Now that the dust has settled from last week’s ugliness in the corn and soybean pits, many farmers are grasping for any opportunity to rebuild their marketing plan. When both the futures and cash markets were collapsing simultaneously, Twitter.com ironically carried two comments that were priceless in their juxtaposition: “I think my new marketing plan is called storage” and “He that withholds corn, the people shall curse him: but blessing shall be on the head of him that sells it. Proverbs 11:26.” They appeared within moments of each other, but there was no indication that one was a “follower” of the other. Nevertheless, what dynamics are driving the grain markets now?
What’s past is over and done and we cannot reclaim the $1 we lost in corn and $2.40 we lost in soybeans. Forging ahead, we look for insight from Dan O’Brien, who has issued a series of market outlooks on behalf of Kansas State University, and by Dan Hilker of Michigan State University, who has calculated price prospects for corn, soybeans, and wheat.
Corn price prospects are clouded by uncertain acreage according to O’Brien, “If a large 14 bil. bu. 2013 US corn crop occurs then periods of extreme weakness in US corn prices would be likely to occur at fall harvest, with available supplies rationed by opportunities for returns to storage through the winter and following spring. It seems likely that some combination of lower than currently projected US corn acreage and/or lower than currently projected corn yields will cause US corn production to be in the 13.0-13.5 bil. bu. range, with moderately higher corn prices than the USDA is currently projecting for the “new crop” marketing year 2013/14. The risk of a weather induced extremely short US crop also exists through the remainder of July and August. “
For your corn marketing plan, Hilker offers the following price probabilities:
1) Dec corn most likely price at maturity: $4.69, 50% chance between $4.33 and $5.31.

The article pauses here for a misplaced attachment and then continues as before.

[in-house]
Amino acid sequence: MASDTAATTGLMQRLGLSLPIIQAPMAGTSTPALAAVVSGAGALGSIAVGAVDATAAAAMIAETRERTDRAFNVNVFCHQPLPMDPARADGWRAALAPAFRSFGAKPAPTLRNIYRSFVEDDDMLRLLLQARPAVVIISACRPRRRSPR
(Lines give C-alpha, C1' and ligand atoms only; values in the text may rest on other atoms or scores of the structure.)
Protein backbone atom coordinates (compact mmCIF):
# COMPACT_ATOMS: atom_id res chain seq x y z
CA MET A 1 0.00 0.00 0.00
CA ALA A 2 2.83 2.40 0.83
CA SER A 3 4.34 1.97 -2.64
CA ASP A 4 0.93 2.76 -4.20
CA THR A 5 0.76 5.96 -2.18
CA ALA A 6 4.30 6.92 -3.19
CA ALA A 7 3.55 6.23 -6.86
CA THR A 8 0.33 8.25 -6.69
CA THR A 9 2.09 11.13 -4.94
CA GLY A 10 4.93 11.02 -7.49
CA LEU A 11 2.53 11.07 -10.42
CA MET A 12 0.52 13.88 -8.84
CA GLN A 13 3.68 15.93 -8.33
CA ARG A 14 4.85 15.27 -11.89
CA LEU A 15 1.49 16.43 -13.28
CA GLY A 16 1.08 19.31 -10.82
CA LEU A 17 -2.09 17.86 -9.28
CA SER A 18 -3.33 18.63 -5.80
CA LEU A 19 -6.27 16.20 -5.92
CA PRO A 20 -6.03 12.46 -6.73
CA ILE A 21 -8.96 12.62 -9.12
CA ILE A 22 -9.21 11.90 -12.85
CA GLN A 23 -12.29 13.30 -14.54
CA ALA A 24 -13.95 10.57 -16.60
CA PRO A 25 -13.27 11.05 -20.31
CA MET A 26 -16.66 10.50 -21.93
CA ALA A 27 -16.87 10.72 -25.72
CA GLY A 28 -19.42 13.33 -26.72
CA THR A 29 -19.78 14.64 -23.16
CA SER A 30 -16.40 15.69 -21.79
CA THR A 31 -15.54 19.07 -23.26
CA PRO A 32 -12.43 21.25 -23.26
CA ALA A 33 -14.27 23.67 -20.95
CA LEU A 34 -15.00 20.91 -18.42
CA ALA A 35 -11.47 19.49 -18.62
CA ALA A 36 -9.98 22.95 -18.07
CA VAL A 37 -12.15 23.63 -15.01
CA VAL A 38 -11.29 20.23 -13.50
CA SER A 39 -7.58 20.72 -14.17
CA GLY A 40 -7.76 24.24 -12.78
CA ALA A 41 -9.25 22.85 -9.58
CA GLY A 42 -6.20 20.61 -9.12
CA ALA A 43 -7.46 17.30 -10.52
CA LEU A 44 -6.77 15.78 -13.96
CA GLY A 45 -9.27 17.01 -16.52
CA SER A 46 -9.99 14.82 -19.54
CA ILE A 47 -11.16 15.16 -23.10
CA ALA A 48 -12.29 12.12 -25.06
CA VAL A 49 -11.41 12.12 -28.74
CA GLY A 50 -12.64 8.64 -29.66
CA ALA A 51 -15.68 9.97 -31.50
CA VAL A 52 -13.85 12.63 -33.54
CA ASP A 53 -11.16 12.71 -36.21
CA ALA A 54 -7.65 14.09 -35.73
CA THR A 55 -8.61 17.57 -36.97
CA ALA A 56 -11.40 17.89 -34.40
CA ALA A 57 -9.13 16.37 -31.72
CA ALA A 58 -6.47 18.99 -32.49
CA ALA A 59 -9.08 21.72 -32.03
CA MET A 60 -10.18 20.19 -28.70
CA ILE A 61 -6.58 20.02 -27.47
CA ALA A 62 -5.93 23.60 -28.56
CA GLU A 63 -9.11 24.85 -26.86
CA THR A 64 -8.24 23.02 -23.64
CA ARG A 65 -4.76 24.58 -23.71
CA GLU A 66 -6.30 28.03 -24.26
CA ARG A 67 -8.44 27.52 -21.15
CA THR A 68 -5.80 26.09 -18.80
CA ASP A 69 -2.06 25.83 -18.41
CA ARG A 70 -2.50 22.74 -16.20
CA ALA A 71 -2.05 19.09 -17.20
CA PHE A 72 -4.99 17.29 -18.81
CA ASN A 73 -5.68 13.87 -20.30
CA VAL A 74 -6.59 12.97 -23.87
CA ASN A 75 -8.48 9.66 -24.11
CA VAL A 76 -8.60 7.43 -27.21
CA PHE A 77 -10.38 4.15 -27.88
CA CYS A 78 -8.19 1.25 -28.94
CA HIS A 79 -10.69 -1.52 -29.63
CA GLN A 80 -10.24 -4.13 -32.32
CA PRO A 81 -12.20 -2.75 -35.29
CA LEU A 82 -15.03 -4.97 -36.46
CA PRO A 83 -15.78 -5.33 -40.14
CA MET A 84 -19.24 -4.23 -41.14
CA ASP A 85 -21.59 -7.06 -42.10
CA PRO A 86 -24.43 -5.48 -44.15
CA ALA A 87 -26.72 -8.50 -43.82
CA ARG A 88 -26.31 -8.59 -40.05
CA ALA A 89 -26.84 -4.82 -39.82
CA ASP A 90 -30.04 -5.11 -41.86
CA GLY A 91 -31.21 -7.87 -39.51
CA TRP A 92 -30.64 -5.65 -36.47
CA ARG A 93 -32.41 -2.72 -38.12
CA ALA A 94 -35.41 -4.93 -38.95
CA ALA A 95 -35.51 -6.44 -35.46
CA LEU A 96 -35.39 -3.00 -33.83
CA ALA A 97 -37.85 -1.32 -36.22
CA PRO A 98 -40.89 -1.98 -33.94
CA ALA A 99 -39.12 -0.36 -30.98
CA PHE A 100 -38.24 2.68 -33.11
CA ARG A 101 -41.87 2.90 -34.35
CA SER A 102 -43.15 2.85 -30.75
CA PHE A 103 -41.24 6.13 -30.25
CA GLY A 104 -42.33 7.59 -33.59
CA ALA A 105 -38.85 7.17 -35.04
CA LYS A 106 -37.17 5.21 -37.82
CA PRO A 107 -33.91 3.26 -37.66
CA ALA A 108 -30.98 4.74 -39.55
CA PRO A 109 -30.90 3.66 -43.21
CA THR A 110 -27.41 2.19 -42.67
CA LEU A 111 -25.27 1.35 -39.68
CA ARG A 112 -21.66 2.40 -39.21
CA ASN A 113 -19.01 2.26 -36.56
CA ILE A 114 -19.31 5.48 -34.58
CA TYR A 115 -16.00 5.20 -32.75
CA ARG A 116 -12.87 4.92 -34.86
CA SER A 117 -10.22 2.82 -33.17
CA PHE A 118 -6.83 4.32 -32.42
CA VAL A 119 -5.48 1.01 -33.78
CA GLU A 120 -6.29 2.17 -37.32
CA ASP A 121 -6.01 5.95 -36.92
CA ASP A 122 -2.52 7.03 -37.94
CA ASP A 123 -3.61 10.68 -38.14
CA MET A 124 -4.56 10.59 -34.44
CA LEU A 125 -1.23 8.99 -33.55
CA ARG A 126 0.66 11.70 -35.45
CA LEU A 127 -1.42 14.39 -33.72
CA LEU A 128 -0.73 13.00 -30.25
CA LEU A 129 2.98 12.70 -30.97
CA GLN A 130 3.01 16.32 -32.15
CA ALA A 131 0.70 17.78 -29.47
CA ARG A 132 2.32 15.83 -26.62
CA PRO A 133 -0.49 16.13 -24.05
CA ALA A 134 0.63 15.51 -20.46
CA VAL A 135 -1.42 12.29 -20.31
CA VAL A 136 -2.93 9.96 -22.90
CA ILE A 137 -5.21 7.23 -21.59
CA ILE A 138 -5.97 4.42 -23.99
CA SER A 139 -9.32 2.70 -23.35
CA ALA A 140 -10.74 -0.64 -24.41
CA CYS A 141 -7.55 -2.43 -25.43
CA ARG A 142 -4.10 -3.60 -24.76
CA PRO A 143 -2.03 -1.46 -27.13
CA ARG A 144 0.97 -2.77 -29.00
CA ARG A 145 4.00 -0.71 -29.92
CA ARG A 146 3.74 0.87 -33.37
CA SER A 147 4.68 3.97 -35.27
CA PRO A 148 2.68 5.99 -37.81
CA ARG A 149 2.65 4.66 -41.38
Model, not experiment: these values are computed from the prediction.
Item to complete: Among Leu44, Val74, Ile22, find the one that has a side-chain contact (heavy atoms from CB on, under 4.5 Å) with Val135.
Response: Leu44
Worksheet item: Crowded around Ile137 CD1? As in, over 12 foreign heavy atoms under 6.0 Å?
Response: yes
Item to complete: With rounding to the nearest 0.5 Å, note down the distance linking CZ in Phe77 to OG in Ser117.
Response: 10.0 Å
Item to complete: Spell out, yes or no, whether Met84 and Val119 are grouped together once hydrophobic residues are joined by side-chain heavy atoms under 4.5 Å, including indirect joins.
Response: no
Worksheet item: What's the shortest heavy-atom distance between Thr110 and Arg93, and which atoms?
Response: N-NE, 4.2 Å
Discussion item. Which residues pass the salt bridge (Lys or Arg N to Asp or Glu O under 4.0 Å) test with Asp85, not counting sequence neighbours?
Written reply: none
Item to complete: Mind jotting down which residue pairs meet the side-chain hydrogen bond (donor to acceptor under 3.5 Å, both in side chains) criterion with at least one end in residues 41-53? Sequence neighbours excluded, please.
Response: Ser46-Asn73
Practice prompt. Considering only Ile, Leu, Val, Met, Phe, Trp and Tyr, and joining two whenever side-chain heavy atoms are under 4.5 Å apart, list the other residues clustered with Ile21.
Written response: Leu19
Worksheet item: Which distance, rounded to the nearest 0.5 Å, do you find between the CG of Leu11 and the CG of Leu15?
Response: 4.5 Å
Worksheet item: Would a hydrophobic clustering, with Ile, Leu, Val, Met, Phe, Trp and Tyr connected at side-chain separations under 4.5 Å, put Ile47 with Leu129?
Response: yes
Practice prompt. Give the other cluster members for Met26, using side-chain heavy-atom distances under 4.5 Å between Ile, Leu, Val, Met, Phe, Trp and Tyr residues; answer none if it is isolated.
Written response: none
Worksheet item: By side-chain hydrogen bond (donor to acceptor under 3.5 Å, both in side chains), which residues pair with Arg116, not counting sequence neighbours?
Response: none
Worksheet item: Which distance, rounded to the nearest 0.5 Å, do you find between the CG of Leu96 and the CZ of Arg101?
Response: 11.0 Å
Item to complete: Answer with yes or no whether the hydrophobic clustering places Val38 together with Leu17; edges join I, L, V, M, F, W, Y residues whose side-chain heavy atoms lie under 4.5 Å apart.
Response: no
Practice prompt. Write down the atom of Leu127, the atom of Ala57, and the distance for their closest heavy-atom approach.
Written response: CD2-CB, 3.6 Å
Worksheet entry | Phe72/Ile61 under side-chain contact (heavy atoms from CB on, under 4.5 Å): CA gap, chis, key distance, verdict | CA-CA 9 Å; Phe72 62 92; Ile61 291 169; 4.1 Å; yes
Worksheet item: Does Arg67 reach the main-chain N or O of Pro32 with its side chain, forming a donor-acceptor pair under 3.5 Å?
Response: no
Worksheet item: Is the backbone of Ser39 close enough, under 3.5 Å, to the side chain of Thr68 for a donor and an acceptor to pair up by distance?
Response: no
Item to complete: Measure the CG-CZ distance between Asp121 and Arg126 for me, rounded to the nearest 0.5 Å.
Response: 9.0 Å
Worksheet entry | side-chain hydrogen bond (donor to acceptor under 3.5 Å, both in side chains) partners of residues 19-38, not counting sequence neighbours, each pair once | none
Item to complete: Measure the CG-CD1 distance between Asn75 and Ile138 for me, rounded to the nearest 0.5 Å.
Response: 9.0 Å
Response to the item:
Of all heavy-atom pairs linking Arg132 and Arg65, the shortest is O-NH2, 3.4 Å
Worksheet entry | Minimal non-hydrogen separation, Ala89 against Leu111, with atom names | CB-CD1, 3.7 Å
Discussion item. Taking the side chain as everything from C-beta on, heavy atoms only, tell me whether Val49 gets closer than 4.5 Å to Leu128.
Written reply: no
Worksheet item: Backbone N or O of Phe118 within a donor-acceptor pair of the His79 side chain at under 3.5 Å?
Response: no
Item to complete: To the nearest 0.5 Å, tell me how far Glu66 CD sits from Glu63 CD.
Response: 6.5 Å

2) Mar corn most likely price at maturity: $4.71, 50% chance between $4.28 and $5.57.
3) Jul corn most likely price at maturity: $4.73, 50% chance between $4.26 and $5.82.
Soybean price prospects are mixed says O’Brien. “It is likely that US soybean prices will be sharply lower in fall 2013 if US produces a large 2013 soybean crop that will be forced to compete with record high 2013 “old crop” South American soybean supplies already being exported. If Chinese soybean import demand moderates by an appreciable degree, then US and world soybean market prices will likely be sharply lower than current “old crop” cash market levels.”
For your soybean marketing plan, Hilker offers these price probabilities:
1) Sep beans most likely $13.16 at maturity, 50% chance between $12.64 and $13.81.
2) Nov beans most likely $12.38 at maturity, 50% chance between $11.64 and $13.47.
3) Jul beans most likely $12.21 at maturity, 50% chance between $11.26 and $13.84.
Wheat price prospects “are likely to remain at least moderately strong from now through late summer 2013, says O’Brien. If a large US corn crop occurs in 2013, US corn prices would likely decline sharply in the fall 2013, having a spillover effect on US wheat prices in the absence of other international wheat supply-demand factors that would provide independent wheat market support. However, if a lower than forecast 2013 US corn crop is produced to the degree that US corn prices remain historically high, then cross market feed-price arbitrage will likely continue to support US wheat prices, maintaining wheat and feed grain prices near parity levels. Unforeseen volatility in financial markets may also impact wheat and other commodity prices in marketing year 2013/14.”
For your wheat marketing plan, Hilker offers these price probabilities:
1) Sep wheat most likely $6.49 at maturity, 50% chance between $6.22 and $6.83.
2) Dec wheat most likely $6.47 at maturity, 50% chance between $6.01 and $7.23.
3) Mar wheat most likely $6.43 at maturity, 50% chance between $5.88 and $7.51.
Lower price prospects for corn, soybeans, and wheat are currently dominating the grain markets, making many farmers wonder if higher prices have left for the foreseeable future, or if this is a brief correction in the market. Regardless of which it may be, marketing plans have to be created and implemented.
Source: FarmGate blog